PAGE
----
Take the picture of
I saw that, and I wasn’t upset because it’s Beyoncé. She probably gave them that picture. She sat for that. Beyoncé could have easily said, “You know what, I want to wear an evening gown.” Or “I want to wear jeans and a T-shirt.” She’s not some puppet. She is participating in her image creation.
Sixty years ago, though, Beyoncé would have just been in the black newspapers. And of course, because of the limits of photo-imaging technology in old newspapers, you don’t see as many photos as you do today. Today, a photo almost always accompanies an article. In the magazines, a photo traditionally accompanies the article. In the past, the most flattering, dignified pictures would be in the Ebonys and the Jets. Lena Horne might be in Life magazine, but she was not in Mademoiselle, Vogue, or Glamour 60 years ago. Now you have Rihanna and Beyoncé on the covers of those magazines.
Collectors Weekly has published a fantastic interview with Nichelle Gainer, former magazine writer and mastermind of a new coffee table tome celebrating the unsung heroes of black glamour. Or at least their unsung outfits.
Vintage Black Glamour, out in September, was inspired by old photographs of one of her aunts, who competed in black beauty pageants in the ’50s when negro women were still prohibited from entering Miss America. What started as a fictional novel about pageant life then shifted focus to real-life stories as Gainer started posting all the images she found online. (First on Facebook and Tumblr, but the Black Vintage Glamour Instagram account is the most stylish Instagram account you’re not currently following.)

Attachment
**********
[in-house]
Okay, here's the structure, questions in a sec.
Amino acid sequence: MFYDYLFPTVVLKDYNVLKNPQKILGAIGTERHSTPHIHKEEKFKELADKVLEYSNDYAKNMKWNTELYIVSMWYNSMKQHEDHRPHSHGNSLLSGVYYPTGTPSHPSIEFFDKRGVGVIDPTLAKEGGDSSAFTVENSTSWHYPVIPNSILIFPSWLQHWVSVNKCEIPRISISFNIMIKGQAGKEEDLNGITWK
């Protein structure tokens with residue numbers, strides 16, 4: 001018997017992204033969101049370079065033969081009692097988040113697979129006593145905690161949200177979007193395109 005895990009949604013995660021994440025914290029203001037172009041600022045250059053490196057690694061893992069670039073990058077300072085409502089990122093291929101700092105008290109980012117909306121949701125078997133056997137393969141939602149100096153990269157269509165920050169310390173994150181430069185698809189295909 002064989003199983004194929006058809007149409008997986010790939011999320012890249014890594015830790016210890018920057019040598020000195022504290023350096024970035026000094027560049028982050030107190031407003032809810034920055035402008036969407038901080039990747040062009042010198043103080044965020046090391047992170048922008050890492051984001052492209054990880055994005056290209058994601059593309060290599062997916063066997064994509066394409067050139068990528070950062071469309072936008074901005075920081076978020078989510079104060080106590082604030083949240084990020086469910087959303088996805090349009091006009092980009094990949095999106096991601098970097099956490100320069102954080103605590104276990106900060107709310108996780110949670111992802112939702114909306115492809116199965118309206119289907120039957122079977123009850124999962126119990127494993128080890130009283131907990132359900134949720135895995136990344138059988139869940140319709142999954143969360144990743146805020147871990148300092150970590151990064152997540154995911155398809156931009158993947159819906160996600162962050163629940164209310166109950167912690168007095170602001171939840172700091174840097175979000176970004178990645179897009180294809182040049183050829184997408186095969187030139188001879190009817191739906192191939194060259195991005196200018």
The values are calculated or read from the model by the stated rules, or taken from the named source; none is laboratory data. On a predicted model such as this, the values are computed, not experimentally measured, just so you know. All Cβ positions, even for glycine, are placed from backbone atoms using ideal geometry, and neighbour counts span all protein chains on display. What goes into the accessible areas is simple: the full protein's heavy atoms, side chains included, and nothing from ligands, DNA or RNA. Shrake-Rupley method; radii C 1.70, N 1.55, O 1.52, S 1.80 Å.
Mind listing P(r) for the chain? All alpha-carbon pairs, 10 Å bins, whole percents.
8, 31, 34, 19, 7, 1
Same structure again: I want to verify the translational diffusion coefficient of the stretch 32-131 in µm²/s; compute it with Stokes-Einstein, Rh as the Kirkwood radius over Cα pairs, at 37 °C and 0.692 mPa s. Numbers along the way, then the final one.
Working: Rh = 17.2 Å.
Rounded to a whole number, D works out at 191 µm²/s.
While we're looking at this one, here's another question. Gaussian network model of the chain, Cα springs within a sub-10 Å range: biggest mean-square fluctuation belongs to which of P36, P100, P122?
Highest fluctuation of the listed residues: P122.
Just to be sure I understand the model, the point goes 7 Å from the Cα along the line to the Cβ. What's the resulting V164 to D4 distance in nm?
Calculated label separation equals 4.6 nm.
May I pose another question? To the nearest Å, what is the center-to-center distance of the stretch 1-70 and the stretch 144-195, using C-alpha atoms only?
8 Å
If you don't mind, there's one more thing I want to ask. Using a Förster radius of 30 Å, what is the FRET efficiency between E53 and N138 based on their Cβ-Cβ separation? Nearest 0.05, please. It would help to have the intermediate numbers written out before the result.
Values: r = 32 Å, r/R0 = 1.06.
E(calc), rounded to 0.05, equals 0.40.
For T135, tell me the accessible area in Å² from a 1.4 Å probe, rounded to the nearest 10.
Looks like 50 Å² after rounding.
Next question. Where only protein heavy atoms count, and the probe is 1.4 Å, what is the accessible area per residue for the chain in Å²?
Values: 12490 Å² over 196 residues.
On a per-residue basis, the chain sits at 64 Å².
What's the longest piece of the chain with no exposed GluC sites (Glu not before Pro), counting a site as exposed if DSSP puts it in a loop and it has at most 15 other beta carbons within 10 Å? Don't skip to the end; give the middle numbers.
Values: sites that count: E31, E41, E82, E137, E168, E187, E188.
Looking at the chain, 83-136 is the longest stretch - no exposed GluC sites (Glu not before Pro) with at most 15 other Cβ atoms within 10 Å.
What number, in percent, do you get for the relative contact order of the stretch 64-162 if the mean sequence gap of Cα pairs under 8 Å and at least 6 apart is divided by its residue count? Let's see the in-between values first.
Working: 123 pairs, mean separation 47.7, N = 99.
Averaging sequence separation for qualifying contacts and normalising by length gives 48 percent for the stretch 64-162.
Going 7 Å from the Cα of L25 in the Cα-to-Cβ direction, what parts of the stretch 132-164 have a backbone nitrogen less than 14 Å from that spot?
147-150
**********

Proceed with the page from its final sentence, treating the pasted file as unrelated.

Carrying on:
There has been a lot of controversy surrounding social media accounts that reblog found vintage images. Gainer, however, pulls not just from Getty and Corbis but from old issues of Ebony and Jet. She also provides a little factually correct context. An example: “Josephine Baker, known as the “Ebony Venus,” and Russian-born French ballet star Serge Lifar, the “Bronze Apollo,” dance on the Lido beach in Venice, Italy in the 1930s. (Via Hotel des Ventes, Geneve)”
My favorite part is that she doesn’t just post black Marilyns with high reblog potential. “To me, glamour is when you’re able to operate in the world with a certain level of dignity,” Gainer says. “So that applies whether they’re leaders in civil rights, literature, or art. I’m so excited Lorraine Hansberry’s in my book, next to Maya Angelou. Look at Althea Gibson, the tennis player, who was photographed by Carl Van Vechten in the 1950s.”
Reprinted with permission from Styleite. Want more?